A researcher at Tulane University School of Medicine is part of a new $5 million study to understand how the placenta protects babies from potentially harmful chemicals while still delivering vital nutrients.
Hao Zhu, PhD, Professor at the Division of Biomedical Informatics and Genomics, is leading one of three projects to form the Integrated Transporter Elucidation Center (InTEC) that was just funded by the Eunice Kennedy Shriver National Institutes of Child Health and Human Development (NICHD). The other two projects are led by research teams from Rutgers University and the University of Pennsylvania. Researchers from the University of North Carolina at Chapel Hill and the University of Rochester are also collaborating on the project.
The goal of InTEC is to understand the mechanisms of placental transporters - specialized proteins that control substances crossing the placenta barrier between mother and fetus. These transporters block many toxic substances but allow nutrients and other beneficial molecules to pass to the developing baby.
Zhu’s group will develop machine learning and data mining techniques to integrate experimental findings from other research teams and public data sources. They will also analyze chemical-transporter interactions to generate predictive models that show how placental transporters handle nutrients, medications, supplements, and environmental chemicals.
“We’ll use machine learning and other AI techniques to help us understand the chemical features, biomarkers, experimental exposures, and other complex factors that will affect individual pregnant women,” Zhu said.
Besides directly using the experimental data from the other two projects in this center, Zhu’s group will also integrate public data resources that provide millions of data points about chemical and biological studies of placental transporters. The resulting database and predictive models in this project will be shared through a web portal being developed by Zhu’s lab with technical support provided by Tulane’s IT department.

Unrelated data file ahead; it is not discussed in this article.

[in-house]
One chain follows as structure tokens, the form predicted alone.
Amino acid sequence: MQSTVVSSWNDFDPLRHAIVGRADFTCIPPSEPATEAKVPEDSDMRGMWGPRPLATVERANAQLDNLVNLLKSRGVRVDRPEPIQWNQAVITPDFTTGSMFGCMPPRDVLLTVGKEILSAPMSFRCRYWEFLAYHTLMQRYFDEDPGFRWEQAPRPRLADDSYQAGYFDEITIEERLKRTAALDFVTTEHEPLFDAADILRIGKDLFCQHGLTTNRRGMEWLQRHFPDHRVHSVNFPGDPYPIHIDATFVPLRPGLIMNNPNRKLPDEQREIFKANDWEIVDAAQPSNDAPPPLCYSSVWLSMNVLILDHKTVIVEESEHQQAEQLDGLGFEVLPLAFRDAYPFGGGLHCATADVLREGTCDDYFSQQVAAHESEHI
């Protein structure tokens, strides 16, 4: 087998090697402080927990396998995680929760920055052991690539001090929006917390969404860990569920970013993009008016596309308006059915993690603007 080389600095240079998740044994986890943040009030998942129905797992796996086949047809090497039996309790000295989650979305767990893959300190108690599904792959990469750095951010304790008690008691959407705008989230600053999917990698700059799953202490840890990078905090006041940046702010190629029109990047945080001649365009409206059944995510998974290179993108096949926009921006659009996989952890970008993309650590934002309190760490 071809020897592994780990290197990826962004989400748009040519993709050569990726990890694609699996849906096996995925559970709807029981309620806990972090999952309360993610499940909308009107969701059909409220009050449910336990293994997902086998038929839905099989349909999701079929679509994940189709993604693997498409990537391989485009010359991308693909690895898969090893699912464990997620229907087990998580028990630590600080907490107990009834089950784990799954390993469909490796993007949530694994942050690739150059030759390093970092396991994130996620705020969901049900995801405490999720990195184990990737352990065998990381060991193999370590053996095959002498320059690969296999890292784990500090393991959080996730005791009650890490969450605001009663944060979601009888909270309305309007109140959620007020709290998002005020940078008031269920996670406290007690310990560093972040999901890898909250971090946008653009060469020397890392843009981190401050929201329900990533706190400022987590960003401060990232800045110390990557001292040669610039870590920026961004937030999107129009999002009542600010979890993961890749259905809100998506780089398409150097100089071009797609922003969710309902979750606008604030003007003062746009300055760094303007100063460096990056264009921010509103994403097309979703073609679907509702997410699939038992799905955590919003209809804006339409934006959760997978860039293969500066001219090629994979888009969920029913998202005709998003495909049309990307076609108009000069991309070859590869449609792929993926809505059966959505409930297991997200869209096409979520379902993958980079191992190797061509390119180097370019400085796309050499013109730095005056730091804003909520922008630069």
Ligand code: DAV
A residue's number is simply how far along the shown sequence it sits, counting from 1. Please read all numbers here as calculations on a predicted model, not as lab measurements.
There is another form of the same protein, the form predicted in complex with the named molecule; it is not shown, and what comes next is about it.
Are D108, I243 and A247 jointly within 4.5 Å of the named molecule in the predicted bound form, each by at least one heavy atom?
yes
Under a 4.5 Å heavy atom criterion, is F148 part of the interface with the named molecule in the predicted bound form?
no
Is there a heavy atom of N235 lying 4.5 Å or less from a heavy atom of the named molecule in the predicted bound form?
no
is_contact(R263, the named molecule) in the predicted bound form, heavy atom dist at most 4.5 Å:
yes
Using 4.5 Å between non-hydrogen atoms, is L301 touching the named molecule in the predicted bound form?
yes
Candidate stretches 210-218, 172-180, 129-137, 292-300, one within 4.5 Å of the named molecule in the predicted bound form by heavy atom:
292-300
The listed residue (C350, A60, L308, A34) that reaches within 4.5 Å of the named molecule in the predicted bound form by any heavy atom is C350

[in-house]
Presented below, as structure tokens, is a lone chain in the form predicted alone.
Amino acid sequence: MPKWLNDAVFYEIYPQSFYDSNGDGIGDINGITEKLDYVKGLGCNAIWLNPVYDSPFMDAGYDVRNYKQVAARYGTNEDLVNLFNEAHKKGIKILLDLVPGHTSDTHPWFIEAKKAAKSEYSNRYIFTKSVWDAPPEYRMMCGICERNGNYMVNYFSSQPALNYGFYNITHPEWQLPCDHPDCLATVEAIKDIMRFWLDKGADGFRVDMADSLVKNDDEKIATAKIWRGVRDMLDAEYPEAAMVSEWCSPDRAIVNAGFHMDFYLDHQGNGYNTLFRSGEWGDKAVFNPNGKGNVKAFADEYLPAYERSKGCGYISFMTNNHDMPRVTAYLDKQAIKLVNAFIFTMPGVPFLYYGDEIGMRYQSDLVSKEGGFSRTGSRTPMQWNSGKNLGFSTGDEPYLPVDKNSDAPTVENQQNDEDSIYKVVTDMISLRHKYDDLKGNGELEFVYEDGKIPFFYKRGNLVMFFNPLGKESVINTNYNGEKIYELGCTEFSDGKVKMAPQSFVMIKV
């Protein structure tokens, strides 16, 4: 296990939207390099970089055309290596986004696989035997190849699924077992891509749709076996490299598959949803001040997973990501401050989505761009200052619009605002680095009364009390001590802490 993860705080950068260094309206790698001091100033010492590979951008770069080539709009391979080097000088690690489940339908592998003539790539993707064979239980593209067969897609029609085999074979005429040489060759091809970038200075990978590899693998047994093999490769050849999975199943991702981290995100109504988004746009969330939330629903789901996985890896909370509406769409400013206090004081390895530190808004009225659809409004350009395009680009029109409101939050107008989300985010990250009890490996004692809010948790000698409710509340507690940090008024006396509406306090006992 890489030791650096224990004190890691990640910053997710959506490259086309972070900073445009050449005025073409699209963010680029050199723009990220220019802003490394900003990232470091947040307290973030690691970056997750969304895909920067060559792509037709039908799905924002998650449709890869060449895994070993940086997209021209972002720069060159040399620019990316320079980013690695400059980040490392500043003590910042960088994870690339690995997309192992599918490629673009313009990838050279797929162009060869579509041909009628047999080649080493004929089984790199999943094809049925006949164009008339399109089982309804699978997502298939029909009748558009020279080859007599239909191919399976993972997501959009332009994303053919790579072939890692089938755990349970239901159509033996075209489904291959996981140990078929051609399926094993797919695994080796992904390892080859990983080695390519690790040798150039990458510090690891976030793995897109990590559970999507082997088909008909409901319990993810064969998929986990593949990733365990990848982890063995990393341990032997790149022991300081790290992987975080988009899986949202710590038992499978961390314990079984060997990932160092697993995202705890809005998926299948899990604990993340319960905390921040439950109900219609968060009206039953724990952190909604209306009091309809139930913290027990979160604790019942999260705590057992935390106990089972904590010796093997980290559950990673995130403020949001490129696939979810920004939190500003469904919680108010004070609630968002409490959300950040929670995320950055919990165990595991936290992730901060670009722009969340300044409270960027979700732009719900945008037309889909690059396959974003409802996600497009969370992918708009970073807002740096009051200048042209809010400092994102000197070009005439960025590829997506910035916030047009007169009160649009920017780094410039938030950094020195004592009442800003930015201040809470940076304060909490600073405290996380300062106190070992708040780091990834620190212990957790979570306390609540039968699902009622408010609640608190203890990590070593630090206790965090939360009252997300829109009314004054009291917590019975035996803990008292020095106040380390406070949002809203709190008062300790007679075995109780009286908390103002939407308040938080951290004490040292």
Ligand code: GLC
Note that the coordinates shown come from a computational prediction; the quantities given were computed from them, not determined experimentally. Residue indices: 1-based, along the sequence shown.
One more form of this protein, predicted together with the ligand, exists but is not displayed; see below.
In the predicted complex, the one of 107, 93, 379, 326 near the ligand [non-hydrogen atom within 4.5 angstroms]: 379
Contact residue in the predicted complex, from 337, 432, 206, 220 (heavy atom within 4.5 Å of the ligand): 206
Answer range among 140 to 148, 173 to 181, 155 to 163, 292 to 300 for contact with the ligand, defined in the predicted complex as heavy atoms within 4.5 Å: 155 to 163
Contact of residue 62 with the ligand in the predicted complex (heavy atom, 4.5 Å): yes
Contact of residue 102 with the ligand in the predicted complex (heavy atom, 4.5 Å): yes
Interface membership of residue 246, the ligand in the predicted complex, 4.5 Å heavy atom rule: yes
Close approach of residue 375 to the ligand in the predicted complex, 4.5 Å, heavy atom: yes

“Public data sources are treasures to computational modeling studies of such a complex topic,” Zhu said. “To take advantage of all these existing data in the public domain, new data mining techniques will be developed in this project. We will also share our findings with research communities through a web portal being developed in our group. Researchers worldwide can access and use the predictive models to evaluate chemical placenta safety when the internet is available. I am glad that Tulane School of Medicine will provide strong support for this effort.”
The results will explain how maternal health and chemical exposures influence fetal development. Ultimately, the study aims to optimize medical treatments and public health interventions to improve pregnancy outcomes.